The promt today is 'Holiday'
“You wanted to see me?” Henri waited for his father to indicate he sit before dropping into the chair in front of the king’s desk.
“I have not been unaware of the burden you have carried since my heart attack a year ago. Combining your own commitments with those you took over while I recuperated would have felled a lesser man.”
Feeling the heat burn his cheeks, Henri shifted in his chair. The past twelve months had been tough, and for the last six, his advisors almost competed with each other in advising him to slow down unless he wanted to occupy his father’s hospital bed.
“I am also aware you have ignored your advisors to cut back. So I am decreeing that of this moment you are on indeterminate leave of absence.”
“What!” Shock propelled Henri form his chair, and anxiety chased him round the room while he tried to remarshall his scattered thoughts. “I don’t have time to take leave of any kind,” he snapped. “There is the ceremony for the opening of the new foundations for the bridge, that will connect the west of our country more directly with the east, this morning—” He tunnelled his fingers through his hair.
“This afternoon, I am talking to the backers of the new foundation for the riding for the disabled Melanie started; then I am giving a speech to the leaders of our financial sector.”
He planted his knuckles on his father’s desk and leaned forward. “I can’t just take off and leave them all in the lurch.” He pushed away. “It is ridiculous for you or anyone else to expect me to walk away from my duties. Who would take my place?” he challenged, knowing no one else carried his significance or weight to press the projects forward.
“I will.” His father’s bald statement rocked Henri back on his heels. “It is a year since my heart attack and for the most part I have accepted the dictates of my doctors and advisors, and am now taking a leaf out of my son’s book before my heir drops dead from physical and emotional exhaustion. So you, my son, are on leave until I say otherwise.”
A lenient parent in most things, there were times when his father’s tone brooked no argument. This was one of them Henri acknowledged. Feeling like a recalcitrant four-year-old Henri recognised that tone of voice now and sighed.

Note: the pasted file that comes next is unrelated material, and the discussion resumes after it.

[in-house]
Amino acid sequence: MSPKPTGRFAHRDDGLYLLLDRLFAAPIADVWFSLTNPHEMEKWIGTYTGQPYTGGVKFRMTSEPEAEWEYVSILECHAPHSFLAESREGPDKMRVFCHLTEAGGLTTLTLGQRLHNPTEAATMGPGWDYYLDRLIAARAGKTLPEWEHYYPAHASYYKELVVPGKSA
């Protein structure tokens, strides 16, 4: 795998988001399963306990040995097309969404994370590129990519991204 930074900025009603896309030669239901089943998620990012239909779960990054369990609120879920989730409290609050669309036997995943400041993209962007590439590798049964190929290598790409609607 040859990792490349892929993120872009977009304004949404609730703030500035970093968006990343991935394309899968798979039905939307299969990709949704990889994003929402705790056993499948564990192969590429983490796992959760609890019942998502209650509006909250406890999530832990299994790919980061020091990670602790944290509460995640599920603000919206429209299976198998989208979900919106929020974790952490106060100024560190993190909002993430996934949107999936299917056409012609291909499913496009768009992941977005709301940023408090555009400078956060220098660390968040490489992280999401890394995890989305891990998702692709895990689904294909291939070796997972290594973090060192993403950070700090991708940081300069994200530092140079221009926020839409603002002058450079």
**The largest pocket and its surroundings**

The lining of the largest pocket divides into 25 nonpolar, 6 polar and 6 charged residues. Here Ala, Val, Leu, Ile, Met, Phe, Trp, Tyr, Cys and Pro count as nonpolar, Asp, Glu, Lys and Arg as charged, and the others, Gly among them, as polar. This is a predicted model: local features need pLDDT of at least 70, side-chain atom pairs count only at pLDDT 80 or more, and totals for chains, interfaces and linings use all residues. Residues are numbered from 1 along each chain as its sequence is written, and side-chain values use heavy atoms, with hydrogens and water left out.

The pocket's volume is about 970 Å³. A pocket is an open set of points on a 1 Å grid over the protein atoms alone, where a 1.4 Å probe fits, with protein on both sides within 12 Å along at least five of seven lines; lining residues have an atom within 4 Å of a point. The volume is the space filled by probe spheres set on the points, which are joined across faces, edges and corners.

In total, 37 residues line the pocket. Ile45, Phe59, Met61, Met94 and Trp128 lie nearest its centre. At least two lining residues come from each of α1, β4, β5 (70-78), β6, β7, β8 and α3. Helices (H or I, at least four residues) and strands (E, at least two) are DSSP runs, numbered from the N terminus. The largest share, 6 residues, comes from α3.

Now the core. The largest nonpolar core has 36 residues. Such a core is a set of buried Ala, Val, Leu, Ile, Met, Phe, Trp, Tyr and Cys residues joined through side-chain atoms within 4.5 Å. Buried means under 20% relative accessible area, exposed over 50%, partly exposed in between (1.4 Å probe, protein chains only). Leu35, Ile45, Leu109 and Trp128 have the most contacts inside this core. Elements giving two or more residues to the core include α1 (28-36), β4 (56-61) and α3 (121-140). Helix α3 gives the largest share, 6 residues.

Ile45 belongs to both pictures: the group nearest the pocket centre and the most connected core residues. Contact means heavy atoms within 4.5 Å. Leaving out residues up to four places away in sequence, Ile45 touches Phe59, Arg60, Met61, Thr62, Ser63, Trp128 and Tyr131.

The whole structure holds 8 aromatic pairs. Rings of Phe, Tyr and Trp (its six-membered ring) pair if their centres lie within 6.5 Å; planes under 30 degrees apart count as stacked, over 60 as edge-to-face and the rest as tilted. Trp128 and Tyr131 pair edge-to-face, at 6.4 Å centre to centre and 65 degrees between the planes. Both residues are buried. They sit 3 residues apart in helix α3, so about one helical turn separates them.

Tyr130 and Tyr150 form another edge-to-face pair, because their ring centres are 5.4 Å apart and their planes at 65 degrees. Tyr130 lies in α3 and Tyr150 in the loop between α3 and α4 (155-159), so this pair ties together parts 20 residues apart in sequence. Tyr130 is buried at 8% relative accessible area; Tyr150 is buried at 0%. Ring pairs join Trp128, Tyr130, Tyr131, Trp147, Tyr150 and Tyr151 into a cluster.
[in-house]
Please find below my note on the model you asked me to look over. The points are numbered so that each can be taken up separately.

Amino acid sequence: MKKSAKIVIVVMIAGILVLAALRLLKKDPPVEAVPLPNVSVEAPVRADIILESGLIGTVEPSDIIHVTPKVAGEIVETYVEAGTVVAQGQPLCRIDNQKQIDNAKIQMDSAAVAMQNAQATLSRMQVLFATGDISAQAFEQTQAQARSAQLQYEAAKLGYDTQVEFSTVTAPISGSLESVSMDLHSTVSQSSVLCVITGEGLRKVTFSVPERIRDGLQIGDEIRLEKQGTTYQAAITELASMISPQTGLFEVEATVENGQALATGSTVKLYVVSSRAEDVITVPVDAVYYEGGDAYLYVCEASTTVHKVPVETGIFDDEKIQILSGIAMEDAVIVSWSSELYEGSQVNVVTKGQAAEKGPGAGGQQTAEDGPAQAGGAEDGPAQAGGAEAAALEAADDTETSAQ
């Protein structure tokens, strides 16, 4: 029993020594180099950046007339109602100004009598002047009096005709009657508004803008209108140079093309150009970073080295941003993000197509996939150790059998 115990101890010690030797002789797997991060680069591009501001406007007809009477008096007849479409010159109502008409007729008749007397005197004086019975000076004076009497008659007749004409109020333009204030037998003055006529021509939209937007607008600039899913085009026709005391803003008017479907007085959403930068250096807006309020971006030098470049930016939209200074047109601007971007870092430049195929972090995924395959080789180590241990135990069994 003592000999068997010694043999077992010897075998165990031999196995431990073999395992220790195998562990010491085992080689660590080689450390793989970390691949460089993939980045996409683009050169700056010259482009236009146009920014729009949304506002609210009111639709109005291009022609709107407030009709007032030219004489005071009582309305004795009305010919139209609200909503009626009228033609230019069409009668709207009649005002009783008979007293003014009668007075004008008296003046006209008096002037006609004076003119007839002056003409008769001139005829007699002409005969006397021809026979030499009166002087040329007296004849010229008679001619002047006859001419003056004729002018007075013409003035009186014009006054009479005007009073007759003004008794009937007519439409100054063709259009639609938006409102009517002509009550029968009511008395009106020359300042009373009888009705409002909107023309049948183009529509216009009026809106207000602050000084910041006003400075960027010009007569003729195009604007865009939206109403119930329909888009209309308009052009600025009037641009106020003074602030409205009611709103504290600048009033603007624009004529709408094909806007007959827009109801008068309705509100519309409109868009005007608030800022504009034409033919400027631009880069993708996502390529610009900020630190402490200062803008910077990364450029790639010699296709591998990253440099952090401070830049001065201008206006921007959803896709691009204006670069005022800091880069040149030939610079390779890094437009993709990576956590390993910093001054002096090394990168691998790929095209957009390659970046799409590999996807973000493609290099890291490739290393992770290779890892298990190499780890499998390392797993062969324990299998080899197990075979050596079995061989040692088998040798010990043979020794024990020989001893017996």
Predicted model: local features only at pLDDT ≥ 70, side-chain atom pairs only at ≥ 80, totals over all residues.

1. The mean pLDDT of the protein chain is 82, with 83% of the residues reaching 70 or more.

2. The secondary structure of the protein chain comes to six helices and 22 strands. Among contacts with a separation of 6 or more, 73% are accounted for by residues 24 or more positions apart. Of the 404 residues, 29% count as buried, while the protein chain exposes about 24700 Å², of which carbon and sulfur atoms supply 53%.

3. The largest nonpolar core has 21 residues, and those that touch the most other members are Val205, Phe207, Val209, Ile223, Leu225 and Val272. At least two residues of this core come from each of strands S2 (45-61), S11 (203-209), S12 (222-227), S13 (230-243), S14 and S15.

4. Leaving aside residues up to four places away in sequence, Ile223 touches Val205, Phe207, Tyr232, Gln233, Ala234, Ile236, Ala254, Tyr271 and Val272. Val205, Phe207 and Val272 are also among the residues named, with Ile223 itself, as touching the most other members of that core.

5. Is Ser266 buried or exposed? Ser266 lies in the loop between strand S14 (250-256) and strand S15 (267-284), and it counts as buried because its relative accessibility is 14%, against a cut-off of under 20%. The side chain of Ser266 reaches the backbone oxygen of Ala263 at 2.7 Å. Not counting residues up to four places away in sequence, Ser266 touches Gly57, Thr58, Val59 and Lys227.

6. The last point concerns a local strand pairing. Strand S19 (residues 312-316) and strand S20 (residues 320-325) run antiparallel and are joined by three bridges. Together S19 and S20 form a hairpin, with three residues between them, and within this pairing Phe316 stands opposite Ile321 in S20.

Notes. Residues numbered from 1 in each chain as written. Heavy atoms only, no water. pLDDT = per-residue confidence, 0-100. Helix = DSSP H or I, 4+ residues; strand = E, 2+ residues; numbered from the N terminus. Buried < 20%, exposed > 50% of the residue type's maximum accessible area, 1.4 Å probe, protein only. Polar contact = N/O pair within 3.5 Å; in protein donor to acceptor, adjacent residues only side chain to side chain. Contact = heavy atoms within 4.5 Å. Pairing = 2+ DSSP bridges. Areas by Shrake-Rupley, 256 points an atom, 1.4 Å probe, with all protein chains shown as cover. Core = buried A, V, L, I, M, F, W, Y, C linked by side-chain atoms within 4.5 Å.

“What am I supposed to do?” For the life of him, Henri failed to conceal his sarcasm. “Twiddle my fingers? And for how long?”
“Until I say otherwise.” A beam of sunlight transformed the king’s thatch of grey hair to silver. His eyes conveyed simultaneous messages of understanding and determination. He rose and rounded his desk. Resting his hand on Henri’s shoulder, his tone gentled. “Get away, right away, and relax. Do you suppose I found it easy to watch you running yourself into the ground in your efforts to combine your schedule with mine? And now—? Now,” he paused, waited for a reaction Henri swallowed before continuing. “Now it is time for me to take up the reins again.
“The plane is waiting to take you to Scotland. Melanie and Liam hope you will remain with them for a couple of months at least, until you are fully rested. If the thought of staying beyond Christmas stifles you, Liam, did suggest if you could not tolerate remaining in one place that long, you take a leaf out of his book and travel the world for a few months.
“We are no longer faced with the same security problems the insurgents caused for your brother and Melanie, so if that is what you want to do—” The king’s face crinkled into genuine mirth. “I promise you, your body-guards are all well known to you.”
With a harrumph Henri failed to hide his amusement. Liam’s marriage to his protector was a standing family joke now.
“I gather you have talked with Liam and Melanie, and not doubt held a family conference on the matter, therefore I will go. I have no choice in the matter. But I’ll remind you, unlike my brother, I am prepared to marry for convenience. It worked for you and mother. I see no reason, why, if she is chosen with care, I cannot emulate your example.”
Henri wondered whether he imagined the shudder of distaste that flipped across his father’s face, it was gone so quickly.
“Your transport awaits you—” Was all his father said before wrapping him in a bear-hug. “Go talk to your mother before you leave.”
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